Monday, July 28, 2014

Don’t Apologize

“A recipe is not as precise as a chemical formula, since ingredients vary slightly, as do cooking utensils and stoves. But a little difference is sometimes refreshing, and so it will not matter if there is a slight change in the finished product. For example, a sauce or a pudding may be thicker or thinner without being a failure. Don’t apologize! Just present it differently – the softer pudding in dessert glasses instead of on a serving dish as you had planned.”
-       Fannie Farmer, The Fannie Farmer Cookbook, Eleventh Edition (original copyright 1896)

I was in a bad mood: I’d been reading the news after breaking up (again) with my mercurial quilting machine. Cooking when in a bad mood can lead one of two outcomes. When it works, cooking can lead to sublime transcendental enlightenment. The risk however, is that as they slowly go bad, failed cooking experiments can generate a gradual accumulation of nameless dread that eventually coalesces so thickly in the kitchen that it triggers the smoke alarm. So cooking while angry is always a risky undertaking - but one I was willing to take on in my dark mood.

Fortunately, I have the key, to escape the nameless dread. Garlic can make all the difference, and I’m not talking about scaring away werewolves. There’s something about the smell of roasting garlic that dispels the dread and summons the sublime. Thus, my challenge was to make something with garlic. Then, there were the other ingredients to assemble like an offering to the gods of anger: I needed comfort food, aka gluten. And obviously, cheese.

I found this cool spicy hot chili oil and I always have fresh basil on the windowsill although these days, my pot is looking a bit tired. So, why not something in the bread machine that will infuse the kitchen with aromas of mental wellbeing and carbohydrates to accompany my postprandial bourbon. So I made the dough in the bread machine, then kneaded it and let it rise on my counter and baked it on the pizza stone in the oven.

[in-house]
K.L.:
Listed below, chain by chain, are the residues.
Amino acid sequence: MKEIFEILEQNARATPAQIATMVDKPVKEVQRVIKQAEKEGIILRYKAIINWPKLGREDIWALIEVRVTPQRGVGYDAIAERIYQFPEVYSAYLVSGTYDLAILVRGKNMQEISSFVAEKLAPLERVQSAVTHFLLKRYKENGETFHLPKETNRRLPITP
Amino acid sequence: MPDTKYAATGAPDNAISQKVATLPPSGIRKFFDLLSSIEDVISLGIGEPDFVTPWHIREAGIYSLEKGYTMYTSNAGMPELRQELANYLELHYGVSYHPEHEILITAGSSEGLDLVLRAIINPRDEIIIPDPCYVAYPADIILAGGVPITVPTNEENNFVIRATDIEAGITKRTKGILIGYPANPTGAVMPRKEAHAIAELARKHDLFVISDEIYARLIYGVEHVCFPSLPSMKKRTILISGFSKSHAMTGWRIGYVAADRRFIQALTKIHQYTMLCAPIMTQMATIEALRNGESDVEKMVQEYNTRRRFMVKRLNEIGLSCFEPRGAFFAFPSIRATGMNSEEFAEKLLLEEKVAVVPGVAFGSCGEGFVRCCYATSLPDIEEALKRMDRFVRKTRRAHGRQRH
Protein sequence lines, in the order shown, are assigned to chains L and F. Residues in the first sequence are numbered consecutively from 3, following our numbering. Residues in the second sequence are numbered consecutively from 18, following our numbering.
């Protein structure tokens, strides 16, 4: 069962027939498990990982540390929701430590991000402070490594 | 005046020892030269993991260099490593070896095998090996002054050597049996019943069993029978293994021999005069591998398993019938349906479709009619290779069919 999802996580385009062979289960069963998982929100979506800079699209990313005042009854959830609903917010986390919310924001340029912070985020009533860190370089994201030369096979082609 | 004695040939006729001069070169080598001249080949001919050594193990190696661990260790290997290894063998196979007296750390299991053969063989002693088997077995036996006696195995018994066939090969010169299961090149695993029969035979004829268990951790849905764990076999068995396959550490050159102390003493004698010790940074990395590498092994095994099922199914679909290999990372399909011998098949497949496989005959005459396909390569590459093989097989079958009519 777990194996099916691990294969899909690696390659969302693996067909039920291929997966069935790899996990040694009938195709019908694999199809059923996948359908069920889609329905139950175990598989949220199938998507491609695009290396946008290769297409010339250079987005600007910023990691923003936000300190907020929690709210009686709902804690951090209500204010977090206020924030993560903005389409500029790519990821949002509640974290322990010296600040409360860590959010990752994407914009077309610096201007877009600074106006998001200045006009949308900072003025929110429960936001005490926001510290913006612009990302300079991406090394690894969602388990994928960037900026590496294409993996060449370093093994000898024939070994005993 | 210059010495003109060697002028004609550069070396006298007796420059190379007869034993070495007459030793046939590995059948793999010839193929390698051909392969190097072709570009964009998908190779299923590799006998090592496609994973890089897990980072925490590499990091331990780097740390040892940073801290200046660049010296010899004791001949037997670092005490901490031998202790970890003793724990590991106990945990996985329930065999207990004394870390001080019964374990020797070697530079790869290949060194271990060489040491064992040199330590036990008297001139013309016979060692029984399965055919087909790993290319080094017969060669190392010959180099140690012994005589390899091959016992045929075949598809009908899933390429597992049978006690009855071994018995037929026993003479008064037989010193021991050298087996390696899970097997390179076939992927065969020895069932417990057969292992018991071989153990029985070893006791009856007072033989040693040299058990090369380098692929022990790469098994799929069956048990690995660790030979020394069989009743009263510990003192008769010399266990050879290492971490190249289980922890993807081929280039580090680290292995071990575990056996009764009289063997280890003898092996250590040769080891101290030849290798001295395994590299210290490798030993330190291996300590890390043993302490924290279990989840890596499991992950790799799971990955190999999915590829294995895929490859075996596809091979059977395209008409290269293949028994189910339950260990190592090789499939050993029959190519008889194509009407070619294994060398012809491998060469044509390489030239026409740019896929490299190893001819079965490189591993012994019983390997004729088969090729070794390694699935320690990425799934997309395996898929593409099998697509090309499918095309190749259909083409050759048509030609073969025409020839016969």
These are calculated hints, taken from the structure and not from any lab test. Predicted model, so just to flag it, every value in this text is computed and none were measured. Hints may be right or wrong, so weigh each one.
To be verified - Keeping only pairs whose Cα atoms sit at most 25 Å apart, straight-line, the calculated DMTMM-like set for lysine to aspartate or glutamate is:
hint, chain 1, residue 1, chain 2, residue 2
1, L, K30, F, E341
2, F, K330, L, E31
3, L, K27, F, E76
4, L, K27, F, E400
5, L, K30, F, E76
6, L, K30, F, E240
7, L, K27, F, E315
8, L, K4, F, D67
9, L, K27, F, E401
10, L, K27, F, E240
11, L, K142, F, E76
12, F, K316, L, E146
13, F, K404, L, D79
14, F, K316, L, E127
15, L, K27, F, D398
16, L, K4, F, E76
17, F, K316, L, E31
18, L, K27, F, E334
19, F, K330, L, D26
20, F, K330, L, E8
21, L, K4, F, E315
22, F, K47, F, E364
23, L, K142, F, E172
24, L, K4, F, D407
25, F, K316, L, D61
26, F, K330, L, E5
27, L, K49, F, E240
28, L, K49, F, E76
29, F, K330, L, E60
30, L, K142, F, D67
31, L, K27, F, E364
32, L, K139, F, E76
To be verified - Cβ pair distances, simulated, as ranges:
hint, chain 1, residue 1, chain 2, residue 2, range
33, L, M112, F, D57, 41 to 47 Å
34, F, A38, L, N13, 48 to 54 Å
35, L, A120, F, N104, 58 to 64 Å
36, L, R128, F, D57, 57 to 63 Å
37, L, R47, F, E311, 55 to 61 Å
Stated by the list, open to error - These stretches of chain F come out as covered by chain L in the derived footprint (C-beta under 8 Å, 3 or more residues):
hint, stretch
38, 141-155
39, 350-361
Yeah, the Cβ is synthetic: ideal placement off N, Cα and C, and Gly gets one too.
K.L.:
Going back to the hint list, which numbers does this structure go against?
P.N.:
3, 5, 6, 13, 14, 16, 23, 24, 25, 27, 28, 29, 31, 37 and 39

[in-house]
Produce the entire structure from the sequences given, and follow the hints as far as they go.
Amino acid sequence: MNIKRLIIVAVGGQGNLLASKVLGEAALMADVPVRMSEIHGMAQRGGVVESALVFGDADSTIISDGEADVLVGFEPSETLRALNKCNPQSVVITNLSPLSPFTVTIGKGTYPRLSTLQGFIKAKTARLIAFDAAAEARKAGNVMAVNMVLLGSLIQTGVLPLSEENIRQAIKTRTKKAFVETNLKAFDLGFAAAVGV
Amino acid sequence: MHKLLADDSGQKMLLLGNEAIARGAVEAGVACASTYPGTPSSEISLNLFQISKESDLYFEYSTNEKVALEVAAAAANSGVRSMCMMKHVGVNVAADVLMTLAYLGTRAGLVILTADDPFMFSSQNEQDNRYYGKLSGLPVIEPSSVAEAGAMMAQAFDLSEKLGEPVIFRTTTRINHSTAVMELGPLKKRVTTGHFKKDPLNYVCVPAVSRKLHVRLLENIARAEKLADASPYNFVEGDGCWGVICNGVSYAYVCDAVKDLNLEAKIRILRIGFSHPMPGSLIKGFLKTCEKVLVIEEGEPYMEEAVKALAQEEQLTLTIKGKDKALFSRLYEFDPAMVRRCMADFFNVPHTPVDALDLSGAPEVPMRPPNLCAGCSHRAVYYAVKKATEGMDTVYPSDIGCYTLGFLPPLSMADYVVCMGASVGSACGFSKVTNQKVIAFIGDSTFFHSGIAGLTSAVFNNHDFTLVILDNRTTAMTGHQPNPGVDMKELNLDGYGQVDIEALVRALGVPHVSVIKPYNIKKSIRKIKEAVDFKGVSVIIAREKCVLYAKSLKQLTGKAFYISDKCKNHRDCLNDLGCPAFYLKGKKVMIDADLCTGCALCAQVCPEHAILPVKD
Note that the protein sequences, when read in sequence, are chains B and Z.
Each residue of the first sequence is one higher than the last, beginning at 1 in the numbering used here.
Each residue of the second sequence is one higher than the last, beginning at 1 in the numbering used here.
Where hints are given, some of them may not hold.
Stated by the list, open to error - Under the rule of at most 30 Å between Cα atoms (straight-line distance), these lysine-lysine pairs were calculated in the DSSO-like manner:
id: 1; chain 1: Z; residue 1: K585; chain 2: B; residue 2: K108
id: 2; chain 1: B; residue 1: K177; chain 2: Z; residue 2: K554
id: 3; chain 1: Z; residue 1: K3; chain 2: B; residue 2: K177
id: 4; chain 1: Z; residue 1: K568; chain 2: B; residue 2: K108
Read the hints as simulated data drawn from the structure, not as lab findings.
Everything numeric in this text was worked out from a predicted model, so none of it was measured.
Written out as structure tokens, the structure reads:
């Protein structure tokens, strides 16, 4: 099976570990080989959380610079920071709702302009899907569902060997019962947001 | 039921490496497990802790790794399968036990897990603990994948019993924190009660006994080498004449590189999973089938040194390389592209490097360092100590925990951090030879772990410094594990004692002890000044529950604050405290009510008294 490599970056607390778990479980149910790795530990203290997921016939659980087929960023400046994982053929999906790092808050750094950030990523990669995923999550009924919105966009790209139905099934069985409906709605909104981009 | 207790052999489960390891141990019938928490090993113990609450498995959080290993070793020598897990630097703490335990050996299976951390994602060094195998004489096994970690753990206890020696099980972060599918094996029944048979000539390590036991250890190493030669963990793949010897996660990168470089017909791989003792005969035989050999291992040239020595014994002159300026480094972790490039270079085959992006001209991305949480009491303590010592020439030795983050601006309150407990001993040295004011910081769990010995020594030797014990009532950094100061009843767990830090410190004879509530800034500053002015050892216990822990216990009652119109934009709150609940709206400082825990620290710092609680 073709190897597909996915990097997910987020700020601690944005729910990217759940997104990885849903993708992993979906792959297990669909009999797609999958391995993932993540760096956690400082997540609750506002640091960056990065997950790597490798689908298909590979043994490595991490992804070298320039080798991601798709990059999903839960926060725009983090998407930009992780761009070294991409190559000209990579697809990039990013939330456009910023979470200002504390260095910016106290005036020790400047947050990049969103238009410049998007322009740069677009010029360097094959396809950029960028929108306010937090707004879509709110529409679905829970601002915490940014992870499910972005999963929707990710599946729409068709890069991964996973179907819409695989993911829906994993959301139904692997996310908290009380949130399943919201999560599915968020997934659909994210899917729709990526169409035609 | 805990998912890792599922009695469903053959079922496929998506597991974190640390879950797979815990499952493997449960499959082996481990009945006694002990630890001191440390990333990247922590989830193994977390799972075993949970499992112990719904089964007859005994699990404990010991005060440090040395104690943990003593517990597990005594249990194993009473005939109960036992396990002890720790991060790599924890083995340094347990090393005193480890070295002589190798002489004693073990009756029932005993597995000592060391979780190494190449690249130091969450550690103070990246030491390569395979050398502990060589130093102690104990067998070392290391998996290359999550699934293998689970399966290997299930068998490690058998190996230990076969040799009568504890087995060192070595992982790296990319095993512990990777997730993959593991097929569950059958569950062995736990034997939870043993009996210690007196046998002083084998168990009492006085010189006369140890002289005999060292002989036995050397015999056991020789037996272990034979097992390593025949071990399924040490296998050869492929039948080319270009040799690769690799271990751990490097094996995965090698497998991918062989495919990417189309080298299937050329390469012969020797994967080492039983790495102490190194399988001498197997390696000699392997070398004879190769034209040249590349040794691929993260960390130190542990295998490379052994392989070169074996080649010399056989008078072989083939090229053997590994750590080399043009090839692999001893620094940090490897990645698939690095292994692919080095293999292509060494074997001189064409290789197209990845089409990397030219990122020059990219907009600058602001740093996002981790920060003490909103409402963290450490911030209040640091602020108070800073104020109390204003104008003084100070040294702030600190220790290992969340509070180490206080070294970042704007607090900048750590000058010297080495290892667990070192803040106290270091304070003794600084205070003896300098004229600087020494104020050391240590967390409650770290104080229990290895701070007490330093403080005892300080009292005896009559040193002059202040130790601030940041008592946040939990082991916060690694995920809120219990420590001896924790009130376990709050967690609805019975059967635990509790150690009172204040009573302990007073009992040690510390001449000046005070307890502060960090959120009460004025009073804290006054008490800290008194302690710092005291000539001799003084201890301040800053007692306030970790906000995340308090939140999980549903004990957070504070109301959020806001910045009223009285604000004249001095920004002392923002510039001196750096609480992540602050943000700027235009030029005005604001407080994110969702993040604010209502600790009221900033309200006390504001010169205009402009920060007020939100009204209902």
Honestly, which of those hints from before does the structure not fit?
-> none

Now, I could follow a recipe. But the entire instigation for this cooking effort was the bad mood. And if there's one thing I hate (and there are many more than one thing) I don’t like things bossing me around – especially non-sentient things like signs and recipes.

It was Fannie Farmer who (I think my grandma told me when she gave me the cookbook for a wedding present) first applied the idea of precise measurements to cooking to make the experience more repeatable – like a scientific experiment – and less fraught with pinches of this and handsful of that. Betty Crocker (not to mention Keith Richards) had nothing on Fannie, my friends, when it came to cooking recipes with precise measurements requiring tiny spoons.

So, I consider a recipe to be a place to start cooking, not and exercise in proving a scientific theory about the thickness of a pudding: one that can be repeated with perfect consistency thereby proving the perfect pudding theory.  If I ever write a cookbook, it will be entitled Cooking While Pissed. Unless Julia Child already named one of her books that because it seemed to me that when she cooked with wine she, you know, got baked too. The fact that I was listening to a playlist heavy on the bagpipes had little to do with either the cause of my bad mood or the outcome of my cooking exercise (or with this post, for that matter).